Experienced leaders use and create a variety of good questions throughout the summer to propel their team members into the inquiry flow. According to a summary of research by Patricia E. Blosser, questions serve a variety of important roles in effective science education:
  • Provoking interest in a topic or idea;
  • Stimulating thinking about information and issues;
  • Helping learners develop a certain mind-set;
  • Reinforcing information and ideas; and
  • Managing activities and learner behavior.
Try to ask open-ended and thought-provoking questions that serve a specific purpose.

An educator may ask learners hundreds of questions in the course of teaching. But studies consistently find that they predominately ask learners closed-ended, low-order questions - questions that require learners to recall memorized correct answers. You can improve your teaching by asking more focused, open-ended, and thought-provoking questions. Try the following with youth on your research teams:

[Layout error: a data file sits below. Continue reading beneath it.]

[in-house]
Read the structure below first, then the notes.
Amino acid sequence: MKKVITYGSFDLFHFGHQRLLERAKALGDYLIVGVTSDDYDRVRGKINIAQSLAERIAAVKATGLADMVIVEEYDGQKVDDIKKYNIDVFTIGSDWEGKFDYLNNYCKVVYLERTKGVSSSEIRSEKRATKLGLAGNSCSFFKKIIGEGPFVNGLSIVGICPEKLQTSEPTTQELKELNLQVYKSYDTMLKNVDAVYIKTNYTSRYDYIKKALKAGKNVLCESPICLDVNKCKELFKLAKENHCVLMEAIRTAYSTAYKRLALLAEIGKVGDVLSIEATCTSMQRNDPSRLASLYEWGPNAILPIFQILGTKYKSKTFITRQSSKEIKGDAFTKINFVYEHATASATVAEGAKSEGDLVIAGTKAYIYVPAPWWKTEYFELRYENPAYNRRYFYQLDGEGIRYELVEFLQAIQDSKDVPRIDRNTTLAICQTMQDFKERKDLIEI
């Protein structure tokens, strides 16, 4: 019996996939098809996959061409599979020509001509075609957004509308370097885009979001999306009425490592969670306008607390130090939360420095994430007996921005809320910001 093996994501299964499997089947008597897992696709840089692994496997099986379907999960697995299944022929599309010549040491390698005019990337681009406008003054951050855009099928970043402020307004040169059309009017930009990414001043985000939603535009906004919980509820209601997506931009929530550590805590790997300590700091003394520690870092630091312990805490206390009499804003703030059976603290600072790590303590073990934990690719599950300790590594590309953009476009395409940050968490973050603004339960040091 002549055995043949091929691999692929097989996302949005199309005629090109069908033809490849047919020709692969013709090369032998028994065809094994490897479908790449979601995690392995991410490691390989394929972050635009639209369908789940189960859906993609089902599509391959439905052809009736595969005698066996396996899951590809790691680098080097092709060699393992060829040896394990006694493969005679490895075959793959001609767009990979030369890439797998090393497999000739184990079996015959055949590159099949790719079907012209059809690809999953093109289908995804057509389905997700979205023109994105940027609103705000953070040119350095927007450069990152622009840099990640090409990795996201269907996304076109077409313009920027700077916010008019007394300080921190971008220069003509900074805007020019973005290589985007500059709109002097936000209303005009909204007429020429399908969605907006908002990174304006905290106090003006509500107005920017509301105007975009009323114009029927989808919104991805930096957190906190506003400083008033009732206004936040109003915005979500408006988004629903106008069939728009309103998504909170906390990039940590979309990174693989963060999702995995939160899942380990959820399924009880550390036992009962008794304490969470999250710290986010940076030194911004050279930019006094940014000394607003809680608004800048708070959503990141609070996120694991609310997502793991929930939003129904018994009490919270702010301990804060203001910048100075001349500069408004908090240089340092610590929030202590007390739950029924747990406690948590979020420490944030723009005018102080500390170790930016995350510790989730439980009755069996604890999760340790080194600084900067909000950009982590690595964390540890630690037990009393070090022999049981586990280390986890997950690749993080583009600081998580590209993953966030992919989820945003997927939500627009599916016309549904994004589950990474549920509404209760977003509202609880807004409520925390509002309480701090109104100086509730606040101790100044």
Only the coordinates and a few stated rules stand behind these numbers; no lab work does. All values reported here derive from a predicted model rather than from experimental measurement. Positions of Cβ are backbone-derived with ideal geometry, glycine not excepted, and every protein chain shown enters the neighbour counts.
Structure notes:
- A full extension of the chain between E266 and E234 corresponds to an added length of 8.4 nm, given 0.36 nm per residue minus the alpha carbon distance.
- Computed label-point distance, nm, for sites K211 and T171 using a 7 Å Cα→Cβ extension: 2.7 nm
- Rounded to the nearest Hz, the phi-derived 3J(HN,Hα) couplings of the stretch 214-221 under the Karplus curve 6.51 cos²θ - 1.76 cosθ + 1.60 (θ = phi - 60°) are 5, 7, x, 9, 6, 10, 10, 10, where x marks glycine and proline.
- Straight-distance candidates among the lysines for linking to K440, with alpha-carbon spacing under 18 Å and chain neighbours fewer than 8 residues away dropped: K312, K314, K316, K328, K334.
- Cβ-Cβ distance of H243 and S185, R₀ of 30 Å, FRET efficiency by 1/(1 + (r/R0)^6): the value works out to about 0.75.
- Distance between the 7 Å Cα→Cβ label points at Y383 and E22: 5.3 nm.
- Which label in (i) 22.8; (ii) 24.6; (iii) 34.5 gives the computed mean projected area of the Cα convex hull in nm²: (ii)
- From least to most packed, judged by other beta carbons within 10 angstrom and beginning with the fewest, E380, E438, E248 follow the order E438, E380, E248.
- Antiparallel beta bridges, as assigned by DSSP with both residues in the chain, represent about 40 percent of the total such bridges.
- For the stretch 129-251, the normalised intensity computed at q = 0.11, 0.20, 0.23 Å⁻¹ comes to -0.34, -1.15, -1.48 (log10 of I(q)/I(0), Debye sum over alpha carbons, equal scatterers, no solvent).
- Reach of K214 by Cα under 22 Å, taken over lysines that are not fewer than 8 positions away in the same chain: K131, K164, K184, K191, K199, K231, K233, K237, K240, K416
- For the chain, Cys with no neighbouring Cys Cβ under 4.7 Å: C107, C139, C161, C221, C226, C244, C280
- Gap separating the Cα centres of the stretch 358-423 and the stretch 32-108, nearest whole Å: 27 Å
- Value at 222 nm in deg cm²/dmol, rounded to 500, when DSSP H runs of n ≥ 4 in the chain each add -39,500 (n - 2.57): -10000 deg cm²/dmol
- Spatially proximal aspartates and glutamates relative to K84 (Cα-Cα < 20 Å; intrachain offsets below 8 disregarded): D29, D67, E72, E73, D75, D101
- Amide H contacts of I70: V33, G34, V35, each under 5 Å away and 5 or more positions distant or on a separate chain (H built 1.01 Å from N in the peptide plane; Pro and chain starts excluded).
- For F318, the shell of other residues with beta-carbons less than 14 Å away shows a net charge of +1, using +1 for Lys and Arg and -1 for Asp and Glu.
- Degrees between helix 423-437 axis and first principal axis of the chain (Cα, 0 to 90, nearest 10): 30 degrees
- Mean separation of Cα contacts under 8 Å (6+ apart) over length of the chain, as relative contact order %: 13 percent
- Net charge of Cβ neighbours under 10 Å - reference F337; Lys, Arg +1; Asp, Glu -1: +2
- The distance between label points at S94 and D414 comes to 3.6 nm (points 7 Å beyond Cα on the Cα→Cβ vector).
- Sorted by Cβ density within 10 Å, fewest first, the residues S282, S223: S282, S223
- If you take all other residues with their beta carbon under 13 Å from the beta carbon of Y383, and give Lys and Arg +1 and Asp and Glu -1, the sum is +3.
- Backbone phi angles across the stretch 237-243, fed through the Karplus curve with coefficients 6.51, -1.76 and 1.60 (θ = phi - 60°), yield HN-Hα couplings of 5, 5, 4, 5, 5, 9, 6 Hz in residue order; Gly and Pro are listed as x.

1. Focus your questions. Keep in mind the authentic inquiry process at the heart of D2D: observing and wondering, sparking provocative questions, formulating hypotheses and investigation, analyzing results and generating conclusions. Where are your team members in their inquiry process? Where will they flow next? Use questions to propel them there.
  2. Know why you are asking each and every question. Will your question provoke learners' interest in what comes next? Will it reinforce key ideas or skills? Will it encourage youth members to further analyze or synthesize the topic? Visit the Questioning Toolkit in the From Now On journal for examples of questions that serve a variety of important purposes.